Dredging of the Point Pleasant Canal
Dredging of the Point Pleasant Canal

Construction of the Canal 

In 1908, after almost 75 years of planning, New Jersey’s section of the Intracoastal waterway dredging had begun.  Dredging started in the Cape May area and then in the Point Pleasant area.  The Manasquan/Bay Head Canal was first authorized in 1833 by the New Jersey Assembly to connect the Manasquan River and the Barnegat Bay. 

Dredging of the canal started in 1916, and only about a half mile in, construction stopped due to WWI.  Dredging continued in 1918, but progress was plodding.  When funding became an issue, different contractors took over from the last contractor, including the LeChard Dredging Company, which is still in business today.        

Early Canal Route

There were many planned routes, with a 1903 plan that would bring the canal through Lake Louise, Little Silver Lake, Lake of the Lillies, and Twilight Lake Bay Head on its way to Barnegat Bay. In 1912, many deemed this route impractical for several reasons: its proximity to the beach, the requirement for eight bridges, including a railroad bridge, and the estimated cost of $155,000.  The later plan, which was eventually adopted and built, at a much lower cost.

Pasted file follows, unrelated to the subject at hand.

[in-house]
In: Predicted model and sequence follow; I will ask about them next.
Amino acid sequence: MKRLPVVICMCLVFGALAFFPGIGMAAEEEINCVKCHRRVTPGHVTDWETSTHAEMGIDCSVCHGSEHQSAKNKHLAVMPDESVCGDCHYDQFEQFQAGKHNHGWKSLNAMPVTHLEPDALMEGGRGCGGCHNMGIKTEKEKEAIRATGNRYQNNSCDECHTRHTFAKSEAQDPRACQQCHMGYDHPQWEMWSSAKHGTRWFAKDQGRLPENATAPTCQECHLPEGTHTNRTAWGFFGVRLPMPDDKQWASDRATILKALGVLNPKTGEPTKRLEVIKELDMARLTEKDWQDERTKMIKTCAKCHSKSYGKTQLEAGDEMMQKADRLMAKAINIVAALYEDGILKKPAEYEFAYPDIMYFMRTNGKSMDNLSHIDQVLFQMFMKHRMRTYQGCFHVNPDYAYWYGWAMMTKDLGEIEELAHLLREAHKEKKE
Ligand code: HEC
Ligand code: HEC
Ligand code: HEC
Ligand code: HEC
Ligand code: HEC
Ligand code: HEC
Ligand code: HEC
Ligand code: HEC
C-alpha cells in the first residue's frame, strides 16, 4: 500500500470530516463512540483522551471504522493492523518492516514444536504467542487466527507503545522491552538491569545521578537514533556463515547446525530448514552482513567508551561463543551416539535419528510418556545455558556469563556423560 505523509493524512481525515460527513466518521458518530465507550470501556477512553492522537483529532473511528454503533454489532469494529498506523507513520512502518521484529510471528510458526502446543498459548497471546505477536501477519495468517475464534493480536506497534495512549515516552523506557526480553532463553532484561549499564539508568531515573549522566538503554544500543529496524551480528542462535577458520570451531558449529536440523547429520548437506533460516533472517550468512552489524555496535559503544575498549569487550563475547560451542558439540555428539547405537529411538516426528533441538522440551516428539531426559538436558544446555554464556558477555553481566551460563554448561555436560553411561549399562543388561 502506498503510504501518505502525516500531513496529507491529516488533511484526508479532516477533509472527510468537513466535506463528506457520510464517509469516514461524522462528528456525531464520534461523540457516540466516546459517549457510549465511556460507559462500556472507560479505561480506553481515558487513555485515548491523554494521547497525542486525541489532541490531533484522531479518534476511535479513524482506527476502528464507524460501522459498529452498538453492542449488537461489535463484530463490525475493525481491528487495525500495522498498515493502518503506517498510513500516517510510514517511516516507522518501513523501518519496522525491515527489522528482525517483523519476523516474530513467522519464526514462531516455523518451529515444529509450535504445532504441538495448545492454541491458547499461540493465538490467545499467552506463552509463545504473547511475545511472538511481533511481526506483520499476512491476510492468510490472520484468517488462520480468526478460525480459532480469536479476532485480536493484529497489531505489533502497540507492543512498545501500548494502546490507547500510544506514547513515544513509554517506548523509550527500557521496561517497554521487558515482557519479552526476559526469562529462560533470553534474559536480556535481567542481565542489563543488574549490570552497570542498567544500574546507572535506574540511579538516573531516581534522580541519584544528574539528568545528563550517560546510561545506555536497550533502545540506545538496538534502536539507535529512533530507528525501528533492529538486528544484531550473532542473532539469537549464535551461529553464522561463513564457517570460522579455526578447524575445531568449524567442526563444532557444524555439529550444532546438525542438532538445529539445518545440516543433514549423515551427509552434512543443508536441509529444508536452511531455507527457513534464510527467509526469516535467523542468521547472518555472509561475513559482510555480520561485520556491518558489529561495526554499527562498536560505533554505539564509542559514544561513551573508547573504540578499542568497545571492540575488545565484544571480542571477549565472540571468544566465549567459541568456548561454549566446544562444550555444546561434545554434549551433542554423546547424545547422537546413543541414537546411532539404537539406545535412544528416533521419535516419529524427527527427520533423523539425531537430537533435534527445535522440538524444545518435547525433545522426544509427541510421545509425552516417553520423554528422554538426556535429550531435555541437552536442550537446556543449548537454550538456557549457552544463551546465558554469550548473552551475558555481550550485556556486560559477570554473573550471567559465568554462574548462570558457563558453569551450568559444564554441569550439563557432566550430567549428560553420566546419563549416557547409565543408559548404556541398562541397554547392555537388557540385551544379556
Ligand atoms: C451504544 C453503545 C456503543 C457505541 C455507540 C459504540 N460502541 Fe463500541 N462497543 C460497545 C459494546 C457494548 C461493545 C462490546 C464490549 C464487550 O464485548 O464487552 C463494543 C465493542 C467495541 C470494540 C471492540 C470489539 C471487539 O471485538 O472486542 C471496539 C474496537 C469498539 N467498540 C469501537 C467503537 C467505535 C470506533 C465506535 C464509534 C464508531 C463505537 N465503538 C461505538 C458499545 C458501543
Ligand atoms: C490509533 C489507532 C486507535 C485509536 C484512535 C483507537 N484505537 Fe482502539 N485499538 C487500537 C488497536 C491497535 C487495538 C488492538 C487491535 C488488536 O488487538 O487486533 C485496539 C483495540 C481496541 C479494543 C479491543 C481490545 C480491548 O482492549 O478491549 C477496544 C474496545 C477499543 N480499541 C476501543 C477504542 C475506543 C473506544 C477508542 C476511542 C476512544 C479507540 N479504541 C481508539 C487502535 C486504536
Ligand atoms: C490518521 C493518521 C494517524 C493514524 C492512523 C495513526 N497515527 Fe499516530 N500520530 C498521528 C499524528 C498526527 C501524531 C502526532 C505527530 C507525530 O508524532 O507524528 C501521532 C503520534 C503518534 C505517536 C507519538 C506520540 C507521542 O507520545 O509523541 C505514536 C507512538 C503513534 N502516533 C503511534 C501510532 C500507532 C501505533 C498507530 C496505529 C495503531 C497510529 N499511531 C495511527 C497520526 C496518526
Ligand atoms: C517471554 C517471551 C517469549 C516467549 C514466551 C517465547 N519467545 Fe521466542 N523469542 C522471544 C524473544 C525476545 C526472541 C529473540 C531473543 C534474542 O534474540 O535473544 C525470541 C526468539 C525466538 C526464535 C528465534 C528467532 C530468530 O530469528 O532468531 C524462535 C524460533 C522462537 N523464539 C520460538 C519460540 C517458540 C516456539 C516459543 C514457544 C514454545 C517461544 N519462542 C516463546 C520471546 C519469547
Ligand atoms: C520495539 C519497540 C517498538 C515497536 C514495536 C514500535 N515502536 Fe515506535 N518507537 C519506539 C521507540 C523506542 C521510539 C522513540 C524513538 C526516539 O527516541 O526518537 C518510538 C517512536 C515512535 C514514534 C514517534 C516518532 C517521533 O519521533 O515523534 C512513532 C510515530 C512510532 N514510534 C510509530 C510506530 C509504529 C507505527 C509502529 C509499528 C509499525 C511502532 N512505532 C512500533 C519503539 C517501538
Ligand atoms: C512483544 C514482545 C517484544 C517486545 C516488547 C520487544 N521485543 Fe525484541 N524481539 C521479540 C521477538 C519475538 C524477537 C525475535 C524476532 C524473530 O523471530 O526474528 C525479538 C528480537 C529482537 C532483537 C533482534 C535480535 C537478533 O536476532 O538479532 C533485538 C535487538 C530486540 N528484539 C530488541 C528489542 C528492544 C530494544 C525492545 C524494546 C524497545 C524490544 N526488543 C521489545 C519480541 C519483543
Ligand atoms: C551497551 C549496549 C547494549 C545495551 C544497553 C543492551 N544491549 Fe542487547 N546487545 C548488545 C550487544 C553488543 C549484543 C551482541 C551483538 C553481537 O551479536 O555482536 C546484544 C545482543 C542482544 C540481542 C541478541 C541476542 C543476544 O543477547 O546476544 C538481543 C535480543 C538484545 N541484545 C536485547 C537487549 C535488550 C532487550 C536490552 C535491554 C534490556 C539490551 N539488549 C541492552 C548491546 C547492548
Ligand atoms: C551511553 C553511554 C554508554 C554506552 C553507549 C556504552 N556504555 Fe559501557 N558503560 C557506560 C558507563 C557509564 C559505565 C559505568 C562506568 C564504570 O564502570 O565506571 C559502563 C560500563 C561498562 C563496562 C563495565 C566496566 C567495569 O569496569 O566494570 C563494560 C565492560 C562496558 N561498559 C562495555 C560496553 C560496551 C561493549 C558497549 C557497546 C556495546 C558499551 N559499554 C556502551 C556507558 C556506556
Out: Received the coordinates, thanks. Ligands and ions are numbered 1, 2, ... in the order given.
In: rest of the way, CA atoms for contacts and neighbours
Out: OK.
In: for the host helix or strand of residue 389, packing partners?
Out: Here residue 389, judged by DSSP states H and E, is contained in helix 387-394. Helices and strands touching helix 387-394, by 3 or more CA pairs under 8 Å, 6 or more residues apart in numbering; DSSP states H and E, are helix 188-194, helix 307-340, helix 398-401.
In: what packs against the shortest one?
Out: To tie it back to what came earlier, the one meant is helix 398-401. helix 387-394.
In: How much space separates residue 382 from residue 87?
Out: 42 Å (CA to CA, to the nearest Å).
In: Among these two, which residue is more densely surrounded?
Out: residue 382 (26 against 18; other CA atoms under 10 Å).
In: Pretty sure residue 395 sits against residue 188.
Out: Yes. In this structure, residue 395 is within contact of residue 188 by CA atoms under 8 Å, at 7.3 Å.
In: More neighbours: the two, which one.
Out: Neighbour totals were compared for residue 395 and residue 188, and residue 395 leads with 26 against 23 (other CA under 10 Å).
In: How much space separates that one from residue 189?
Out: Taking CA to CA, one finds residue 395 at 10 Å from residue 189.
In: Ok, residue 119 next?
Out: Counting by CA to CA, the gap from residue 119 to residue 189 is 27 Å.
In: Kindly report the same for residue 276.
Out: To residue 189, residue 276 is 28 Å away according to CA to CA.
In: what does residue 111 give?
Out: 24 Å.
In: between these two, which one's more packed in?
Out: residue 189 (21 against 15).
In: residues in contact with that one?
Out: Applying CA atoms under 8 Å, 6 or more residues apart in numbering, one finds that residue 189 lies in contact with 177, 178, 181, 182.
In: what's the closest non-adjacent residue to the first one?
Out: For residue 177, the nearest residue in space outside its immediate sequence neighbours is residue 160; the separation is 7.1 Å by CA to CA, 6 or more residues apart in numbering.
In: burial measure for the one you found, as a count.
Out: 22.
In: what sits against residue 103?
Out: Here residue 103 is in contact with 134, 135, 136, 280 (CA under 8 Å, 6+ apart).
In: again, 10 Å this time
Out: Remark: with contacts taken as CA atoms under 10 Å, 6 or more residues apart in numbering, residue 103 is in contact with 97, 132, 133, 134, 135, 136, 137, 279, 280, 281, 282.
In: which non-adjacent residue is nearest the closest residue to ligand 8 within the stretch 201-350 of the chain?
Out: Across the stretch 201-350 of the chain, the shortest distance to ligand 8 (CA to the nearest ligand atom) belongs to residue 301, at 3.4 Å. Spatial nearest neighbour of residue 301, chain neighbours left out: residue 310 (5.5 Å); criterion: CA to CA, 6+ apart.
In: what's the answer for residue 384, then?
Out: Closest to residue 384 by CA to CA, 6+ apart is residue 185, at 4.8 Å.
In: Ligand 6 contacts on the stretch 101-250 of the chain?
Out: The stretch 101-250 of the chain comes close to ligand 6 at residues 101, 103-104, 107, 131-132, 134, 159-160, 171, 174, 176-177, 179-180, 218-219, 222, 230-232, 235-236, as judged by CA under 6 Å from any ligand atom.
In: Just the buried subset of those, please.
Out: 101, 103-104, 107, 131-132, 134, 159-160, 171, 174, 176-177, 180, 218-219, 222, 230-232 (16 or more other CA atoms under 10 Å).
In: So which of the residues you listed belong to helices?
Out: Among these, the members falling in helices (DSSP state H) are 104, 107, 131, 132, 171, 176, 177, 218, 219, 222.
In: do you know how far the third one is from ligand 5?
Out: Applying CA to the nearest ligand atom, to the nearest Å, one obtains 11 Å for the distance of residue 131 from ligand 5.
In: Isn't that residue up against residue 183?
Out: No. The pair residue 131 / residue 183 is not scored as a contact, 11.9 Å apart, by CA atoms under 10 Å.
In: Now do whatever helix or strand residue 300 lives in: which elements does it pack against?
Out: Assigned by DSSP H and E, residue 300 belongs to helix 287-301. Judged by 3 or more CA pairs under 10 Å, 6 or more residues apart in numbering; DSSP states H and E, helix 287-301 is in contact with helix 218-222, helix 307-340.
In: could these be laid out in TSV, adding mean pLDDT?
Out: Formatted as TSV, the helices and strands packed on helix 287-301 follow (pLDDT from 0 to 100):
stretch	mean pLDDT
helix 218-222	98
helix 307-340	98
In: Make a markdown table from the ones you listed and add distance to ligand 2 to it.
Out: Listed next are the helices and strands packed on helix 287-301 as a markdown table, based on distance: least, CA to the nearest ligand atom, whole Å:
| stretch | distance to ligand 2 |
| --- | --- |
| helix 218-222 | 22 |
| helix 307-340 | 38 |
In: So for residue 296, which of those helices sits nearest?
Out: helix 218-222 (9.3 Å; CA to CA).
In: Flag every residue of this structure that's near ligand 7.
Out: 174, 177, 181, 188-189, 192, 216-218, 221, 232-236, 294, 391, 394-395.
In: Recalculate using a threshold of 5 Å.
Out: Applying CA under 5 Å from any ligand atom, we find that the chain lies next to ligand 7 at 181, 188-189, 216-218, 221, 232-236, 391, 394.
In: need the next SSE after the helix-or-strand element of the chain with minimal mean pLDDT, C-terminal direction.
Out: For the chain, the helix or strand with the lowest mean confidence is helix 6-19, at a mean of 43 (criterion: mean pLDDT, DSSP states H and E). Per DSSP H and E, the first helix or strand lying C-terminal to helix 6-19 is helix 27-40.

West Point Pleasant

The Point Pleasant Canal caused much controversy when it was first created in 1920.  The canal separated the town of Brick from the newly created town of Point Pleasant.  Even decades later, some still referred to the western side of the canal as West Point Pleasant. In 1964, the canal was renamed the Point Pleasant Canal from The Manasquan / Bay Head Canal. The canal’s construction started on the bayside towards the Manasquan River, and the freshwater there was untouched by the salt water of the River before the canal.  Subsequently, there were many problems and negative feelings among the town’s residents.  The debate revolved around whether constructing a canal would bring in tides, potentially destroying the freshwater ecosystem and businesses that depended on the freshwater.